Total Pageviews

Sunday, October 23, 2011

Birth Announcement! (No, not me)

So before I tell you more about histology, I have a very important announcement... My worms had babies! I found 5 of them altogether in the past two weeks. I had been finding cocoons for a while now but they take 3 MONTHS to develop and hatch and I was worried I was somehow killing the cocoons. Yes, I thought I was capable of killing cocoons that had evolved to be even more resistant to the enviornment than worms themselves. I'm just that good.
At first I wondered how popcorn kernels got in my worm bin... then I realized they were cocoons. Good thing I didn't eat them!

I was hoping they'd hatch by my birthday, but instead they waited a week. Don't they know I want my gifts ON my birthday, even if it's the gift of life? Stupid brainless inverts... Anyways, I opened my worm bin the other day and was doing my typical aerate soil/ cocoon scavenger hunt when I saw what looked like a tiny yellow mealworm...

I found even more and managed to capture a video of one moving with my iphone. Here is the vid:

I also took a video of a baby next to an adult for epic contrast!

This is the first organism I have ever taken care of that hasn't had a mass dieoff and has instead reproduced! And I only check on them once a week! I'm telling you, if you can make a career working with these guys it's totally awesome.

Your new mother,

The 'Dirty' Scientist

Monday, October 10, 2011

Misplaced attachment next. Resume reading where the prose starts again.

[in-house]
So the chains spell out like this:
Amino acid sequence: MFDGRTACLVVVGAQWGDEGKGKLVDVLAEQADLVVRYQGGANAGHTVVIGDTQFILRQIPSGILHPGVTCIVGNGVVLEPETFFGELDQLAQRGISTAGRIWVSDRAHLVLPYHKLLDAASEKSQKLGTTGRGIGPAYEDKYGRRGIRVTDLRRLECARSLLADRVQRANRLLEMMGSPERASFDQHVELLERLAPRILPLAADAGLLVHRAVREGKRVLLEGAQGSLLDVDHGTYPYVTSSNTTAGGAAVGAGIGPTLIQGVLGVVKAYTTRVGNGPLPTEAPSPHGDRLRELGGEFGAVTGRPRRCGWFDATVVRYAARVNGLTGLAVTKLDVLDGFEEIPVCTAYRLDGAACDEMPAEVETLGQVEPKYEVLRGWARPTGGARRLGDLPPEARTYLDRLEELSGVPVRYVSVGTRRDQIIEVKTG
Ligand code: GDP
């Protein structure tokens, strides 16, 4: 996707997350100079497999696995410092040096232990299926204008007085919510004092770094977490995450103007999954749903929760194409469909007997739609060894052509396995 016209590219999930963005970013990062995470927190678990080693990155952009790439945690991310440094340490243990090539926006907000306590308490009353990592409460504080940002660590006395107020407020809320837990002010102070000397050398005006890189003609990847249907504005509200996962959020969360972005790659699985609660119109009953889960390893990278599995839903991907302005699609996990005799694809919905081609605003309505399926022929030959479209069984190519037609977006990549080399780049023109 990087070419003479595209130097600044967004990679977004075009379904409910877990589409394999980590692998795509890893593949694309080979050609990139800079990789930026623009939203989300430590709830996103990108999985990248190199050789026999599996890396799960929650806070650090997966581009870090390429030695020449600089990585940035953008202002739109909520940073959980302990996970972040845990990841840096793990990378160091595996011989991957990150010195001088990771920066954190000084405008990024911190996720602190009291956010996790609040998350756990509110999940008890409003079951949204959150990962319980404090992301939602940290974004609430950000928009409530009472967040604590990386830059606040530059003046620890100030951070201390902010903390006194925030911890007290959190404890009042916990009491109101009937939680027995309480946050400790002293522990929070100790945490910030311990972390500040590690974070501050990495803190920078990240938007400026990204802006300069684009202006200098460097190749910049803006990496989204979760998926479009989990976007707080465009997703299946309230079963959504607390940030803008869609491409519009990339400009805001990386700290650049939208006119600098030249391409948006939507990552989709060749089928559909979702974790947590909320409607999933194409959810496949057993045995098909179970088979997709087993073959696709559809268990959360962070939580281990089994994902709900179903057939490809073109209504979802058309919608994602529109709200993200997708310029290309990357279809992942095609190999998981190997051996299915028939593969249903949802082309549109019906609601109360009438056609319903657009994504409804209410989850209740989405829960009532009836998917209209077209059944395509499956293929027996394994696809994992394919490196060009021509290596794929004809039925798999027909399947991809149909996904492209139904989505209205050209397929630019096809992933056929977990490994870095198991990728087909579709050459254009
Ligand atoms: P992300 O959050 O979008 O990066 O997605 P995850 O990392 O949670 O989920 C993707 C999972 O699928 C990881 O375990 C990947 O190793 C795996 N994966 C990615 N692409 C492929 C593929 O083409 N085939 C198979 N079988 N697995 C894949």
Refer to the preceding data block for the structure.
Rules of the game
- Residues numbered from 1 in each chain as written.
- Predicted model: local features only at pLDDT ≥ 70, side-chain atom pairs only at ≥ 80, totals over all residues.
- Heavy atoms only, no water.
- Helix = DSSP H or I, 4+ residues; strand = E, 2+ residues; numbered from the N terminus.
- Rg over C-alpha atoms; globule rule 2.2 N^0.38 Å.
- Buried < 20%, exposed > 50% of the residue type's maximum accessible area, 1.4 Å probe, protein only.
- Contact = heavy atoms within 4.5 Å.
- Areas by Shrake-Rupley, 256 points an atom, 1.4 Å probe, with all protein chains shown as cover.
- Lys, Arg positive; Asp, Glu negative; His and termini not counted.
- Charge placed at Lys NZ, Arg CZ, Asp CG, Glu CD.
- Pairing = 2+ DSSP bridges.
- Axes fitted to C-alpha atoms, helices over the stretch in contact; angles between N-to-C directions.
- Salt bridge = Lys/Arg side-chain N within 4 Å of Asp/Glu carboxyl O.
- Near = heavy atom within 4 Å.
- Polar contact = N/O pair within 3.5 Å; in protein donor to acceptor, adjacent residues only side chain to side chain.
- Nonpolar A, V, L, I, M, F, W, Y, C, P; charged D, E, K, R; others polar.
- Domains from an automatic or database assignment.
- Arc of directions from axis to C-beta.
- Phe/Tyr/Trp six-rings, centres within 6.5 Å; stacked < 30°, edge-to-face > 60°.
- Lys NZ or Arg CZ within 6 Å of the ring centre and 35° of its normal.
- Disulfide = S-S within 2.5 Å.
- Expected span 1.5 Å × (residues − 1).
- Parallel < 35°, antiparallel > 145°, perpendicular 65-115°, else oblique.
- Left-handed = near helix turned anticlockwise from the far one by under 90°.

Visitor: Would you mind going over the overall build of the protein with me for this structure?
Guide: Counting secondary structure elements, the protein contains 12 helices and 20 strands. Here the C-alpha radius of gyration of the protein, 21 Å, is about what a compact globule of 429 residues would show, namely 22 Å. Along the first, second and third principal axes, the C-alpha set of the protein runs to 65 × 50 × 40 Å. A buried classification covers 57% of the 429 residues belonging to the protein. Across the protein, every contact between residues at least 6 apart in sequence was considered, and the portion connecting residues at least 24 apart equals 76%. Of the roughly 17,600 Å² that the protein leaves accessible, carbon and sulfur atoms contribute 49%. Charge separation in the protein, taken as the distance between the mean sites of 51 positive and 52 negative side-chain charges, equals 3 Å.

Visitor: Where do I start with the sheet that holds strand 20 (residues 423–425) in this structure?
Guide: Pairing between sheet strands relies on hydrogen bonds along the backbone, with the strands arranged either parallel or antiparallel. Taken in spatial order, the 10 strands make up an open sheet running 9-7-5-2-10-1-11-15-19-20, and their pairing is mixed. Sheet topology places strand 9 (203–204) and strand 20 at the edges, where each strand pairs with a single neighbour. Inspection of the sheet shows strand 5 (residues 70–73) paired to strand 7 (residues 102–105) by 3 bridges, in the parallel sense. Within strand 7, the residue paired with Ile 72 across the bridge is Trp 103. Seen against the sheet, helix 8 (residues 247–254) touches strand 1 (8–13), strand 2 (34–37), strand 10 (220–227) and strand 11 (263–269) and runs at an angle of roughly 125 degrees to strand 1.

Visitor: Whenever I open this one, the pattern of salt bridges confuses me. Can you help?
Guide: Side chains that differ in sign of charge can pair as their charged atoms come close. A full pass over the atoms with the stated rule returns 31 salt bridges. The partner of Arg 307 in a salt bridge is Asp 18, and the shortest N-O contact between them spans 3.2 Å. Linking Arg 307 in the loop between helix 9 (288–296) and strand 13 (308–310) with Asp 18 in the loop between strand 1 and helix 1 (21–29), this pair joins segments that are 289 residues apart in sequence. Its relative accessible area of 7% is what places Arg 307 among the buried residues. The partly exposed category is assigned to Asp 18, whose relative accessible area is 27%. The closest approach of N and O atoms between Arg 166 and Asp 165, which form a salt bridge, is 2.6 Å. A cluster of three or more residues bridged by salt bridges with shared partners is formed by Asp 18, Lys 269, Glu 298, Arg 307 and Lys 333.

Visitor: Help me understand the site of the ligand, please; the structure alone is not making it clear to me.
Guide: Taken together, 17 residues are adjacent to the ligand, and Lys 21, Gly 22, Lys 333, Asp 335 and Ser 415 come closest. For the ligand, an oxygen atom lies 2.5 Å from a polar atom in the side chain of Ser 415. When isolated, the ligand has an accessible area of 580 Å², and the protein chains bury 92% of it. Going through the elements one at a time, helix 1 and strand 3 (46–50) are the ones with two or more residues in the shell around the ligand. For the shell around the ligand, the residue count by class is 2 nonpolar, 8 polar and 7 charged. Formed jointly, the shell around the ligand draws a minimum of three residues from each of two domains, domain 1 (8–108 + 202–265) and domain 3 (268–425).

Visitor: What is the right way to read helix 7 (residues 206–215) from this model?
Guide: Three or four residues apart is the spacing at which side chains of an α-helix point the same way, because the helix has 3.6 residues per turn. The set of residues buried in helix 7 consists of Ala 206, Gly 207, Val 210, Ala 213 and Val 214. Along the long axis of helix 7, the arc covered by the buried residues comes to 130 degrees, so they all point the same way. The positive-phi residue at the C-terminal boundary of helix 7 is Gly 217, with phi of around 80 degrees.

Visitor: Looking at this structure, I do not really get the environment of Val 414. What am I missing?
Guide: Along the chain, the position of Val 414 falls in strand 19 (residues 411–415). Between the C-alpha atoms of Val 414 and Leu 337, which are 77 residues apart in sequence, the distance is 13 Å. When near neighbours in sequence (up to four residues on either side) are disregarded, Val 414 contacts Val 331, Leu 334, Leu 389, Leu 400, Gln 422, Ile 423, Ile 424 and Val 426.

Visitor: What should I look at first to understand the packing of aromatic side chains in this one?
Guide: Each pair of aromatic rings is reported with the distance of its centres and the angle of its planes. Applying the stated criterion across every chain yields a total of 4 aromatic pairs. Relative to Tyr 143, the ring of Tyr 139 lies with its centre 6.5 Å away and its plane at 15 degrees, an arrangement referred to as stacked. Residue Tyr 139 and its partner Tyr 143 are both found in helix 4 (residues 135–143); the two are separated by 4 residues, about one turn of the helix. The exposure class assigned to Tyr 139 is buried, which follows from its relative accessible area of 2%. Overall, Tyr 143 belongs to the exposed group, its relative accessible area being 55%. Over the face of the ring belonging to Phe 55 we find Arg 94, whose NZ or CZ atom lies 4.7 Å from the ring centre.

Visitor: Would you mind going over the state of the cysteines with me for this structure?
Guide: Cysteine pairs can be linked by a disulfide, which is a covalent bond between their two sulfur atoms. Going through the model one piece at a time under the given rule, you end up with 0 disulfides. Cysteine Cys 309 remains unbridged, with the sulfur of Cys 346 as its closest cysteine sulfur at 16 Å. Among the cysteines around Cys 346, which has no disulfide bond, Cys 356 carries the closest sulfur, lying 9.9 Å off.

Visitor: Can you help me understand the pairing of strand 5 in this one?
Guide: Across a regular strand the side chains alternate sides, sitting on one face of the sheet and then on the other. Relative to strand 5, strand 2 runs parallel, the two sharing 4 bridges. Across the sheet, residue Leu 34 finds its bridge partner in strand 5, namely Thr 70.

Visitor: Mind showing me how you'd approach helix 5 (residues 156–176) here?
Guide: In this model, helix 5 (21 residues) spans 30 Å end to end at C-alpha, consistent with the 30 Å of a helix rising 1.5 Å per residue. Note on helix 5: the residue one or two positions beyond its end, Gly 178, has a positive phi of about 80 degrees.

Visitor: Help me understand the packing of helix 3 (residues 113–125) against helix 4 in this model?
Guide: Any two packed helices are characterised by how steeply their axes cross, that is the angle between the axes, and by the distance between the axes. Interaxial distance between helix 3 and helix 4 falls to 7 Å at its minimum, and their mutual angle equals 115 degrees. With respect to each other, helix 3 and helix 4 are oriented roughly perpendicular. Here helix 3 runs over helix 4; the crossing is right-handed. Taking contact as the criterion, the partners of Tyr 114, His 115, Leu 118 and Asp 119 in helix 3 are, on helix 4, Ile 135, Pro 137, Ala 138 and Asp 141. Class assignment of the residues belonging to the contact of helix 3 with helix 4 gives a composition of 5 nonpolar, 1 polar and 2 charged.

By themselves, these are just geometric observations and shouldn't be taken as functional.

Histology (Part 1): Cutting, embedding, and staining dead @%$# since 1771

Hello, people, it's the post you've been waiting for...finding out WTF I do in lab besides dig around in a large dirt container full of live fish bait. Well, now that you know about muscles and hydrostatic skeletons (remember, the fluid filled structure surrounded by flesh and muscle, kind of like a pipe or an erect penis? I knew if I said penis it would come back to you!) I can tell you!

elbow joint pipes,industries,industry,pipes,plumbing
Worms, a living pipe

I am basically cutting up worms to look at worm's muscle and fluid filled skeleton to see how different variables affect these dimensions. As you may remember, the cross sectional area of muscle is proportional to force production, so if I know how big worm's muscles are I can predict how much force that worm can produce. If I know how large the fluid filled skeleton is, I can guess how much stress the skeletal fluid is putting on the muscles and body wall that surround it, kind of like how much stress pipe walls have when they are filled with water. You can imagine if the muscles are under a lot of stress, the worm may not want to contractthem too hard or else the pressure in the fluid cavity will increase, increasing the stress on the muscles, potentially making the worm burst! I accidentally did this once... I normally use a 10% ethanol, 90% water solution to drug my worms before I cut them and one time I forgot to add the water and put the worm in a 100% ethanol solution and it seized up all of its muscles and blood started spurting out because the worm's body wall was under so much pressure it burst...kind of like a pipe wall under too much water pressure. Or kind of like an aneurysm in your blood vessels, which I nearly had when I realized what I did. Oops!